What does Super Rugby mean to us here in the North?

The Super Rugby season is nearly upon us, here’s what this means to the like of us here in the bleak North(ern Hemisphere).

  1. The Crushing of our hopes of success.

Despite all the lessons that history of rugby has taught us, we still labour under the misapprehension that somehow New Zealand will somehow stop being outstanding.  Each time a squad of All Blacks is reaching a transitional phase the tiny beacon of hope is lit that this time, this time, the next generation will be, if not rubbish, then a least a little bit rubbisher than the last.  Then we watch Super Rugby and see an obscenely good 19-year-old winger at the Highlanders, a collection of monstrously terrifying forwards all under the age of 23 scattered across the Blues and the ‘Canes, or a brilliant player who has spent five years behind the retiring All Black incumbent of the shirt.  We then weep salt tears of frustration and shake our fists at the sky and shout “WHY? WHY? WHY?!”

  1. Too many points

Super Rugby points totals resemble a strange hybrid of cricket scores and basketball scores –  “Ah look, it was 42-2 at half time and it’s finished 96-75”.  Southern hemisphere types call this a feast of attacking skill to enrich your rugby soul.  Northern Hemisphere rugby fans call it stupid.  It’s not that we don’t like attacking rugby per se, it’s just that we don’t really understand it.  On his conquests Genghis Khan destroyed things he didn’t understand – things like cities – and that’s kind of what we do to attacking rugby.  We also genuinely prefer to see teams that can defend,  Southern Hemisphere fans seem happy to take or leave this.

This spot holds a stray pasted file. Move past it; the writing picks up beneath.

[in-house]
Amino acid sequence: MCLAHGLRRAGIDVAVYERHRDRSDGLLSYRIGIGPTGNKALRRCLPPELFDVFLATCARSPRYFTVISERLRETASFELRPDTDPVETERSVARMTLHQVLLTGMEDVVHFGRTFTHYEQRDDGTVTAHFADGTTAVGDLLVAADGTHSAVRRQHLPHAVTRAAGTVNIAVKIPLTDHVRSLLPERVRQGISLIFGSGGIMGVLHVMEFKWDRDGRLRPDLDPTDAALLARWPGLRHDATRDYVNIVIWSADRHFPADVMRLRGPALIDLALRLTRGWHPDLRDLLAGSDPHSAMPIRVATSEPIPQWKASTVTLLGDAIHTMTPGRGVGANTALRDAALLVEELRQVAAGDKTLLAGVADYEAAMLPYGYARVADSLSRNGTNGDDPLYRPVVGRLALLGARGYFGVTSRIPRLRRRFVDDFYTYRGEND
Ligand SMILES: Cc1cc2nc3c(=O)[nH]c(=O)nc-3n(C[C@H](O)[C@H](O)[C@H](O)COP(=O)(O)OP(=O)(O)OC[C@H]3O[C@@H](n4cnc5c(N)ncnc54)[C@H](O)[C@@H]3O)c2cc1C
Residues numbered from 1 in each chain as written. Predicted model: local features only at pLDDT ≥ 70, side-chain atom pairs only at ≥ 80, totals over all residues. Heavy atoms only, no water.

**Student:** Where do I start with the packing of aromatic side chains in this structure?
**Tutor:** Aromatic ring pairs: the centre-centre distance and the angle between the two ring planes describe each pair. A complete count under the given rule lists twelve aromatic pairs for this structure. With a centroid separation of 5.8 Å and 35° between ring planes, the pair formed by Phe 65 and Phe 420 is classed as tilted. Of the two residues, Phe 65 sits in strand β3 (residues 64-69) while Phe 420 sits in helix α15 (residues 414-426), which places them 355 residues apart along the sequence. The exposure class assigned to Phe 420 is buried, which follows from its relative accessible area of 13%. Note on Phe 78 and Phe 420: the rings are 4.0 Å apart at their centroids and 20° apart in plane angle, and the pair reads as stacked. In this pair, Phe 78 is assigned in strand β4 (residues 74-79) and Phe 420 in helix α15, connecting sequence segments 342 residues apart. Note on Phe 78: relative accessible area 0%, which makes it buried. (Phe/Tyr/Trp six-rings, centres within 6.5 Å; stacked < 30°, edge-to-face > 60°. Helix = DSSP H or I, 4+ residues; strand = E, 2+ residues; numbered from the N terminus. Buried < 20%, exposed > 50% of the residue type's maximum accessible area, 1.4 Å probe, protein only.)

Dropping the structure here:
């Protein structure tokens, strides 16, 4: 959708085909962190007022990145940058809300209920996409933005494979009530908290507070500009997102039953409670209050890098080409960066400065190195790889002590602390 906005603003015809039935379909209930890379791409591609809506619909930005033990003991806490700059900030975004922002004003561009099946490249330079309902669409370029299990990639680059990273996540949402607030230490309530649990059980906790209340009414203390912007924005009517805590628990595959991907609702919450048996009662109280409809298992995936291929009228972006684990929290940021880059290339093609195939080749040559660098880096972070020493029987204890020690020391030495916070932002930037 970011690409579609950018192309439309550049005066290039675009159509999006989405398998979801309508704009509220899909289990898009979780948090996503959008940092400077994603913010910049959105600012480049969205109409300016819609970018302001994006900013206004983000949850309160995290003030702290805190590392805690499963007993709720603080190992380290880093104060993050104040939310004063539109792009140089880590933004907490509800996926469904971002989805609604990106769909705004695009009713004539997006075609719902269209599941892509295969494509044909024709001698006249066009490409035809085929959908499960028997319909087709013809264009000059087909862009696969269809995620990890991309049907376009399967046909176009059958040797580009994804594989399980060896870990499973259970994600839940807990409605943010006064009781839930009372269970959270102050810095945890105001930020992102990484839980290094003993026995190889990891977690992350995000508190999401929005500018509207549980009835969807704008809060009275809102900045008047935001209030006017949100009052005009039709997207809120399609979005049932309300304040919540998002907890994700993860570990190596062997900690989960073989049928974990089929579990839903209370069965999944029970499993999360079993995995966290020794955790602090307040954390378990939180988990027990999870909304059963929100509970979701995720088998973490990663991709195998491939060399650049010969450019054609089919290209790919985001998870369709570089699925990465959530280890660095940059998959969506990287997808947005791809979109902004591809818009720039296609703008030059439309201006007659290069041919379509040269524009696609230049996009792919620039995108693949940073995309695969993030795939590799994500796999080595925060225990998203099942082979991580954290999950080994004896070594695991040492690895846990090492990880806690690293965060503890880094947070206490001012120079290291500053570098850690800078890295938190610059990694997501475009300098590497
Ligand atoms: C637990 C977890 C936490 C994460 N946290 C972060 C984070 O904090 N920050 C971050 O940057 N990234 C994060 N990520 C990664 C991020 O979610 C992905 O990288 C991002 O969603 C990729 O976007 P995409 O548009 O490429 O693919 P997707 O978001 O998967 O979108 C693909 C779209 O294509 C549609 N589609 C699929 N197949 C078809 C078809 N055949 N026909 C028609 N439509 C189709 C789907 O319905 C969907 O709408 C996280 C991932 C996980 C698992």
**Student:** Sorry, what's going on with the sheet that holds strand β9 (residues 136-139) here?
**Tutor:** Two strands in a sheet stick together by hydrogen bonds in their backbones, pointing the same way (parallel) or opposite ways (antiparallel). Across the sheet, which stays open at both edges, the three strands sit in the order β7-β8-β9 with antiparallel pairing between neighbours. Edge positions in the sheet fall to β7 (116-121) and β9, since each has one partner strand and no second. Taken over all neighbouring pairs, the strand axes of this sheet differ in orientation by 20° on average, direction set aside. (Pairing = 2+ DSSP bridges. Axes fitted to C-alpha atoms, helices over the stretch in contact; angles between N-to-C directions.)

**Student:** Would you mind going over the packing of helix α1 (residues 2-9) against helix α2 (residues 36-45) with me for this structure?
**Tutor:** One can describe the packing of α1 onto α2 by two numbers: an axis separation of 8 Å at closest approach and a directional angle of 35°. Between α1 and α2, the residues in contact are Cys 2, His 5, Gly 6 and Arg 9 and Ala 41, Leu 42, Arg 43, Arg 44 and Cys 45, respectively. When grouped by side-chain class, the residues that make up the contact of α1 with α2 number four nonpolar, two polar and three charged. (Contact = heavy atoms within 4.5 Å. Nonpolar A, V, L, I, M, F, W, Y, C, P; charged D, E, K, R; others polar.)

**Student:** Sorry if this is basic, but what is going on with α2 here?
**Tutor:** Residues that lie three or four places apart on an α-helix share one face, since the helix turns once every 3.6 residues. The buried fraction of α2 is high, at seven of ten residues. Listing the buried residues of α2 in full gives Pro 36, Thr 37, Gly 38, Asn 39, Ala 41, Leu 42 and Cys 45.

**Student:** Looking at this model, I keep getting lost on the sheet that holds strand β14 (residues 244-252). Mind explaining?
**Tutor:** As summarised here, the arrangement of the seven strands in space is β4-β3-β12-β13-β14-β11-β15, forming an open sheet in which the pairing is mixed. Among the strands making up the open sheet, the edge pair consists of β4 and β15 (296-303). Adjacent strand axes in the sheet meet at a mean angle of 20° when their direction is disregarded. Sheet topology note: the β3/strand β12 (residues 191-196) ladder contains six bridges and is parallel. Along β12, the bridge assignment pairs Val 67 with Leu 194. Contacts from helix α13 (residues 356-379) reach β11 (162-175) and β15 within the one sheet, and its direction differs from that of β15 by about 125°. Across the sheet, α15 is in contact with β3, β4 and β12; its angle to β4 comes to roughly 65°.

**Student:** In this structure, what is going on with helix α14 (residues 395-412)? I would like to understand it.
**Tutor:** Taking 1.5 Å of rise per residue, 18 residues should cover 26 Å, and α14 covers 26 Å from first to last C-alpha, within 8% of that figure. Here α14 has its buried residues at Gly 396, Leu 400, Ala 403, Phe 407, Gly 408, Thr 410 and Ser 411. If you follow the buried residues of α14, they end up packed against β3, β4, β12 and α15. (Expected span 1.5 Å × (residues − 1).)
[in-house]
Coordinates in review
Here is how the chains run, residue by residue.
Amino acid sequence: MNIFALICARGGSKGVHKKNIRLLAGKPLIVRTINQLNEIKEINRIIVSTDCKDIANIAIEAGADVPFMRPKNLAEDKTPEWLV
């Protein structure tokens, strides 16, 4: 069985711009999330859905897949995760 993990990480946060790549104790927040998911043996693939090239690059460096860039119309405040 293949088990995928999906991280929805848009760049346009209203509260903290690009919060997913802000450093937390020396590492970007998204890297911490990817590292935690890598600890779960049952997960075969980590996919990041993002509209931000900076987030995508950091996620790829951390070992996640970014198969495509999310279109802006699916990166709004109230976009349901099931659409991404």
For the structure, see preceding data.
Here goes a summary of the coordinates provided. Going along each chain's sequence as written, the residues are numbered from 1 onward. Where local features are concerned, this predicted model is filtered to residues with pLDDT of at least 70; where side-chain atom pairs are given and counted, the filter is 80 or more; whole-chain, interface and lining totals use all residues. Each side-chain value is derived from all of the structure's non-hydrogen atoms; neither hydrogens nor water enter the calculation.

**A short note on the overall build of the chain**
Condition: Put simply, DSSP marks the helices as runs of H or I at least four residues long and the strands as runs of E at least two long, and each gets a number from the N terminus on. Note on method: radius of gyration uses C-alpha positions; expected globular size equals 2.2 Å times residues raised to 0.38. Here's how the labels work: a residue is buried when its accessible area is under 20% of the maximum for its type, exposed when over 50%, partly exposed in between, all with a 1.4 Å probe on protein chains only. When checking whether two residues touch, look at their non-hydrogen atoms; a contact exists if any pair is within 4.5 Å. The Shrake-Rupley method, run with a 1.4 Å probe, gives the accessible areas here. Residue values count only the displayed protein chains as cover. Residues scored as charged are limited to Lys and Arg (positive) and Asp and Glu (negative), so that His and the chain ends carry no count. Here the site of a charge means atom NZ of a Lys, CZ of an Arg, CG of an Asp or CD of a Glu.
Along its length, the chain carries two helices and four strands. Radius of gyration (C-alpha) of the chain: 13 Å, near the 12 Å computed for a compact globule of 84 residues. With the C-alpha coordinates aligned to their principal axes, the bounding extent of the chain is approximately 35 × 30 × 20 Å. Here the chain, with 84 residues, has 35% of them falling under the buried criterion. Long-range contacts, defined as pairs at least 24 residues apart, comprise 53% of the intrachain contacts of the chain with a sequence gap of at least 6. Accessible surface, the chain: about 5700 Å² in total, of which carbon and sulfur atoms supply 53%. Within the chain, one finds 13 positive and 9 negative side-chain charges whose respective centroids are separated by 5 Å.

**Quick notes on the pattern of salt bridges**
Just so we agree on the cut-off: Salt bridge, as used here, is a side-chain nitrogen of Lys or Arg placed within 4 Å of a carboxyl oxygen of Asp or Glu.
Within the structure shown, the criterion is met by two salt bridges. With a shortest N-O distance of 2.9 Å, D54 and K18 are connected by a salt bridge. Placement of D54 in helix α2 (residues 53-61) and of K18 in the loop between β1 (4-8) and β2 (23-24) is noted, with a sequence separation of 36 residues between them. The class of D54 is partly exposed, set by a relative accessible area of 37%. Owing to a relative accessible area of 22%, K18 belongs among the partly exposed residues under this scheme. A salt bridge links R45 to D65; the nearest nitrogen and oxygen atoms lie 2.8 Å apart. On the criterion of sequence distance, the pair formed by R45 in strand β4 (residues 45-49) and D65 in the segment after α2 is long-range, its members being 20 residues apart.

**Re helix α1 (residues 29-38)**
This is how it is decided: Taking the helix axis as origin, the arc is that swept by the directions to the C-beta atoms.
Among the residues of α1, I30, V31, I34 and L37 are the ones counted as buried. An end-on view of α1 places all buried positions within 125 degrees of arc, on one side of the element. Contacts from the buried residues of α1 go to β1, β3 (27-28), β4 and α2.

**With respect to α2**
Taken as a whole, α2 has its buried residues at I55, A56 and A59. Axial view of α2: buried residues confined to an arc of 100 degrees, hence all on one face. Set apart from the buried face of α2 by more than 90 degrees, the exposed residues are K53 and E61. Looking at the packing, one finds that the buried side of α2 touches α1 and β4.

1. Manifest rugby destiny

When the Europeans first arrived on the soil of what is now the USA, they decided that it was their destiny to take over the entire continent, something that became known as a “manifest destiny”.   Super Rugby has adopted this mantle in a sporting context, something completely at odds with Northern Hemisphere thinking.  Up north, if a nation or club asks to join one of our competitions they are told to ‘piss right off’ by the upper-middle class white men at the helm of our great tournaments.   In the South you’ll let anyone join.   A Japanese team with a batshit mascot and little chance of winning? Climb aboard, lads!  A de facto Argentina team who have to clock up 97 million air miles every season?  You are welcome.   It would not be a surprise if by 2025 there is a franchise on Saturn.  Anything goes. Unless you’re Pacific Islands team; they are given the Northern Hemisphere response.

  1. All weekend rugby/drinking

Due to the ginormous bandwidth of time difference between us and the nations of the competing teams, Super Rugby allows us to incorporate the action into the full weekend drinking cycle.  A few lagers on Friday morning watching a match from NZ, continued into a tipsy viewing on Friday evening of an SA game, then watching Jaguares completely sozzled at 11pm out of one eye with a kebab balanced on our chests and dribbling down ourselves.  Hungover breakfast on Saturday watching an Aus match-up, repeat Friday but replacing Jaguares with Sunwolves.  Sunday is mostly nausea and self-loathing but that is still a bloody good weekend in anyone’s book.